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What is a Digital Negative?

Posted by on Jan 30 2014 | Behind The Scenes, Other, Photography, Tutorials

We’re excited about a new workshop at George Eastman House in February: Digital Negative Making. For years we have taught a growing number of photographers how to make their own photographic negatives on glass using historic processes. Realizing that not everyone is interested in going that route, we decided to look into a new approach for the rest of the world: the “digital” negative.
 
But what is a digital negative? A digital negative is a negative image printed onto a transparency film using an inkjet printer. Once the original image is in your computer it can be edited “to taste” and prepared for lots of really interesting alternative photographic printing processes. The digital negative bridges the gap between 19th and 21st century photographic processes. You can use old glass plate or film negatives, that last bit of type 55 Polariod film you love so much, or even a digital capture from a smart phone.
 
Once you’ve decided on a printing process, like salted paper, platinum, or gum printing, a series of test prints are made to create a “printing curve.” This curve will be applied to the file before printing to help optimize the negative for the selected processes. The printing curve is a layer in Photoshop that has been adjusted for the specific paper printing process you’ve chosen. The curve allows the print to have smooth continuous mid tones while still keeping strong black tones and clean white tones. Once these tests are completed you never have to look back as the final steps are a check list of settings which once set, can be saved and applied the same way every time.
 
Here are some examples of Digital Negative Making in action:
 

Two hand made salted paper prints. The negative used to print these were created from Instagram files from a smart phone.

Two hand made salted paper prints. The negative used to print these were created from Instagram files from a smart phone.


 
A digital negative printing on ink press transparency film, the green cast is added to help give the negative spectral density.

A digital negative printing on ink press transparency film, the green cast is added to help give the negative spectral density.


 
An albumen print from a digital negative. The original 4x5 negative was created using a hand made gelatin dry plate.

An albumen print from a digital negative. The original 4×5 negative was created using a hand made gelatin dry plate.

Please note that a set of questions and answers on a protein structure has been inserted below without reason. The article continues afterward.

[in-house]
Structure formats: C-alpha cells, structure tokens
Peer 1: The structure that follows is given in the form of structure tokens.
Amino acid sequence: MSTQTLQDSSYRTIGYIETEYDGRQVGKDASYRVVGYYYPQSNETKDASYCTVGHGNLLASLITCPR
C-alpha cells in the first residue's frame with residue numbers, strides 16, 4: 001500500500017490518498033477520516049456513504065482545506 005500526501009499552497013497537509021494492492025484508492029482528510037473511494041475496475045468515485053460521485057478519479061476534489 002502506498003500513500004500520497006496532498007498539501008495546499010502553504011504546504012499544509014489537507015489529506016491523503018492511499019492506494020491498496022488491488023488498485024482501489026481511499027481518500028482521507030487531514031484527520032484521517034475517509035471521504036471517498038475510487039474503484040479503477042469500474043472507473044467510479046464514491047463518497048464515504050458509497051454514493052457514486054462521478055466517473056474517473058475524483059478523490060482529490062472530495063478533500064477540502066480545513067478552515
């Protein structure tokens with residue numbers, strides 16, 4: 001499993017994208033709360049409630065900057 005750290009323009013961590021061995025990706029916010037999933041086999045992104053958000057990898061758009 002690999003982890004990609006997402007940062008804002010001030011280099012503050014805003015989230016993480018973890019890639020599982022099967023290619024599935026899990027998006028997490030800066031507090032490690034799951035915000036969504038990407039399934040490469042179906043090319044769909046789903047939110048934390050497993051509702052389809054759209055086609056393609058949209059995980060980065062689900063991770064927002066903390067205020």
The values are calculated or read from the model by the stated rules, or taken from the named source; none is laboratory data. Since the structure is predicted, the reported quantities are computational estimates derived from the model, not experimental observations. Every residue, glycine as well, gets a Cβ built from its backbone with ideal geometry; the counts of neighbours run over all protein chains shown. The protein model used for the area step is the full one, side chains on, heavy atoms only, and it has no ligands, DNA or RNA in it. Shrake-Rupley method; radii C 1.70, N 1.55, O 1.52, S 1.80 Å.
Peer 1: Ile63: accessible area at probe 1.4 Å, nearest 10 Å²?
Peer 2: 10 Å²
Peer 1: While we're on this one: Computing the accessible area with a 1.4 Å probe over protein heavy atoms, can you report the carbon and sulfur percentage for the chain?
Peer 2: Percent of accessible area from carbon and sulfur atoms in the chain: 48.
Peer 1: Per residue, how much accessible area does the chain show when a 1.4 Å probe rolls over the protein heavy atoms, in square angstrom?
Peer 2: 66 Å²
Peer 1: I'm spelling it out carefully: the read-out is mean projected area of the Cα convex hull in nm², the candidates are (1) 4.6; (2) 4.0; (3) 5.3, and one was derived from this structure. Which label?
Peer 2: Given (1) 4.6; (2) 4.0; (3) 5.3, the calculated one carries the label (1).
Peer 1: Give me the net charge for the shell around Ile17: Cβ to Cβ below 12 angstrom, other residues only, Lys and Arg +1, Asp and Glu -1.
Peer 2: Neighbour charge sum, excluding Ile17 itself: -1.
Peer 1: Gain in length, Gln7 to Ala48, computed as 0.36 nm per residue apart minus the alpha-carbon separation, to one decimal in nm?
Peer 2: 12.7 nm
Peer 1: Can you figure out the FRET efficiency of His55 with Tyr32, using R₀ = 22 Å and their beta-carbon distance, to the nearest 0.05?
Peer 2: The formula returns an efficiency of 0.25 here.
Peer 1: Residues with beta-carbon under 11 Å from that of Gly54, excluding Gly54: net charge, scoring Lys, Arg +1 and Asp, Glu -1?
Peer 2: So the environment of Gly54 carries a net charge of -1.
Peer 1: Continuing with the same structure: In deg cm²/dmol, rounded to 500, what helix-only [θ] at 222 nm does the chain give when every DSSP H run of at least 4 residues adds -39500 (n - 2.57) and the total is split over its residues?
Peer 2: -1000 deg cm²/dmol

Two hand made salted paper prints and the original digital file on the phone that captured it.

Two hand made salted paper prints and the original digital file on the phone that captured it.

Digital Negative Making is a technique that photographers could have only dreamed of in the past. Now we can easily combine the precision editing and tonal control of digital with the beauty and magic of alternative photographic printing processes. All this and more will be covered in our very first digital negative making workshop at the George Eastman House Museum next month. Sign up today! Hope to see you there!
 

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Évocateur Film Premiere // Dryden Trivia

Posted by on Jan 16 2014 | contest, Motion Pictures, Other

Win this poster!

Screen shot 2014-01-15 at 5.59.13 PM

Before shock jocks, Jerry Springer, and Fox News, one man ravaged the talk show format and delivered his own brand of confrontation and in-your-face antics. His name was Morton Downey Jr., and he turned political debate into shouting matches, occasional fistfights, and downright mayhem.

Featuring interviews with Herman Cain, Pat Buchanan, Chris Elliot, and Gloria Allred, the new documentary Évocateur: The Morton Downey Jr. Movie probes the methods and motivations of not only Downey’s controversial television persona, but the man he was when the cameras were turned off.



The Dryden Theatre will be host to the Rochester Premiere of Évocateur: The Morton Downey Jr. Movie on Saturday, January 18 at 8 p.m., and we’re thrilled to welcome the Director of the film, Seth Kramer, as our special guest for the evening.

How well do you know your Morton Downey Jr. trivia? For each correct answer your name will be entered to win a pair of tickets to the screening and one lucky person will win a signed poster! Winners announced Friday, January 17 at 4 p.m. ET.

1. Which of these guests did not appear on the Morton Downey Jr. Show? A. Timothy Leary B. Abbey Hoffman C. Meir Kahane D. Yasser Arafat.